A Preliminary Study of Variation in Penis Characteristics and Other Reproductive Traits in Barnacles
Benthic Ecology Meeting 2005, Williamsburg, Virginia, April 6-10, 2005
Barnacles are an appropriate model system for studies of sex allocation. Because they are sessile and copulate, mating group size is easily controlled. Selection should favor longer penises to reach a greater number of mates, but this may be constrained by environmental factors such as wave energy regime. Sex allocation theory predicts that the amount of resources allocated to male versus female function depend on mating group size. The reach of the penis defines the mating group of a focal barnacle, the physical environment may limit the ability of barnacles to seek and inseminate mates. Limitation of penis reach may result in reduced mating group size and lessen investment into male function. If free from this limitation, barnacles may optimize penis length based on population density. Control of mating group size may give barnacles greater ability to optimize sex ratio. Semibalanus balanoides were sampled from calm sites and compared to similar collections from the exposed coast. Variation of penis length to body size, mass of egg lamellae and other reproductive characters are compared. Penis length seems to vary with population density, but not environment. Preliminary results suggest that egg masses are relatively larger for barnacles from low population densities. These data should demonstrate the relative difference in strength of biotic and abiotic factors in altering sex allocation and provide a contrast between the strength of sexual selection and environmental limitation on reproductive characters.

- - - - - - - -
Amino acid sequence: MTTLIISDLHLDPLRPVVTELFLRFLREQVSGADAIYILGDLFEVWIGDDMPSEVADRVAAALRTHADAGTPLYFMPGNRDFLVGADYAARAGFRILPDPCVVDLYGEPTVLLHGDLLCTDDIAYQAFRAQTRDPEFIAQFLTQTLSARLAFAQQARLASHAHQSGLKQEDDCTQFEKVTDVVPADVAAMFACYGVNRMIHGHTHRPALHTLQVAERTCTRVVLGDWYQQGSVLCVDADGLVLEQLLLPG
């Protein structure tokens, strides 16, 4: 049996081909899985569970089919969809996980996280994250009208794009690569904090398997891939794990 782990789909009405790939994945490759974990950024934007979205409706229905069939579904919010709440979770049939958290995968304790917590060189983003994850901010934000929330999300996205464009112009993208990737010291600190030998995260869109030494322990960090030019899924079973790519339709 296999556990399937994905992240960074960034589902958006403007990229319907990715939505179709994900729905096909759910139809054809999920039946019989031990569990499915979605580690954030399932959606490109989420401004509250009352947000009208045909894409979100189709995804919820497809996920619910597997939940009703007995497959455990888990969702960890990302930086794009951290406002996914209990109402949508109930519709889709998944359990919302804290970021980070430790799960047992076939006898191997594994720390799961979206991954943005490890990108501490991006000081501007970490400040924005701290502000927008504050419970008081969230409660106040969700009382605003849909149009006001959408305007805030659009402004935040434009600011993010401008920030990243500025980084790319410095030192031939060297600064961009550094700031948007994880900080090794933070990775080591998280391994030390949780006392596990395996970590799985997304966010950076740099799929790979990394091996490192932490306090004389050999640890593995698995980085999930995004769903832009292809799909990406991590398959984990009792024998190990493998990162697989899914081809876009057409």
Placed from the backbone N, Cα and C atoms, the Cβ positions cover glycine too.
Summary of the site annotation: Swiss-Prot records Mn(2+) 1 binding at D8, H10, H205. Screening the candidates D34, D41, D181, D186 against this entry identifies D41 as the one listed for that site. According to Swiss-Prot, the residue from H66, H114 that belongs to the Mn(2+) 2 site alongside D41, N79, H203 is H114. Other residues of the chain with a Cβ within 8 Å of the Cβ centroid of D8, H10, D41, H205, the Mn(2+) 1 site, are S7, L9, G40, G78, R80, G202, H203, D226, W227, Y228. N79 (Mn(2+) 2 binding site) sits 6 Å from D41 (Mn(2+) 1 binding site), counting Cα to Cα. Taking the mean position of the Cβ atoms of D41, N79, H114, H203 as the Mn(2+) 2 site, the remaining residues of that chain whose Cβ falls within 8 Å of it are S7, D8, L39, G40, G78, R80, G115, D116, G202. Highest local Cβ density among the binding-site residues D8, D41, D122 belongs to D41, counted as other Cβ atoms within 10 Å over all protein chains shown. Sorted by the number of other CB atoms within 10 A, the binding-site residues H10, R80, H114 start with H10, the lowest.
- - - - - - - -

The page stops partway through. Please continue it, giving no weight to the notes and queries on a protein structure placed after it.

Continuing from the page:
Hoch, J. Matthew, "A Preliminary Study of Variation in Penis Characteristics and Other Reproductive Traits in Barnacles" (2005). Oceanography Faculty Proceedings, Presentations, Speeches, Lectures. 411.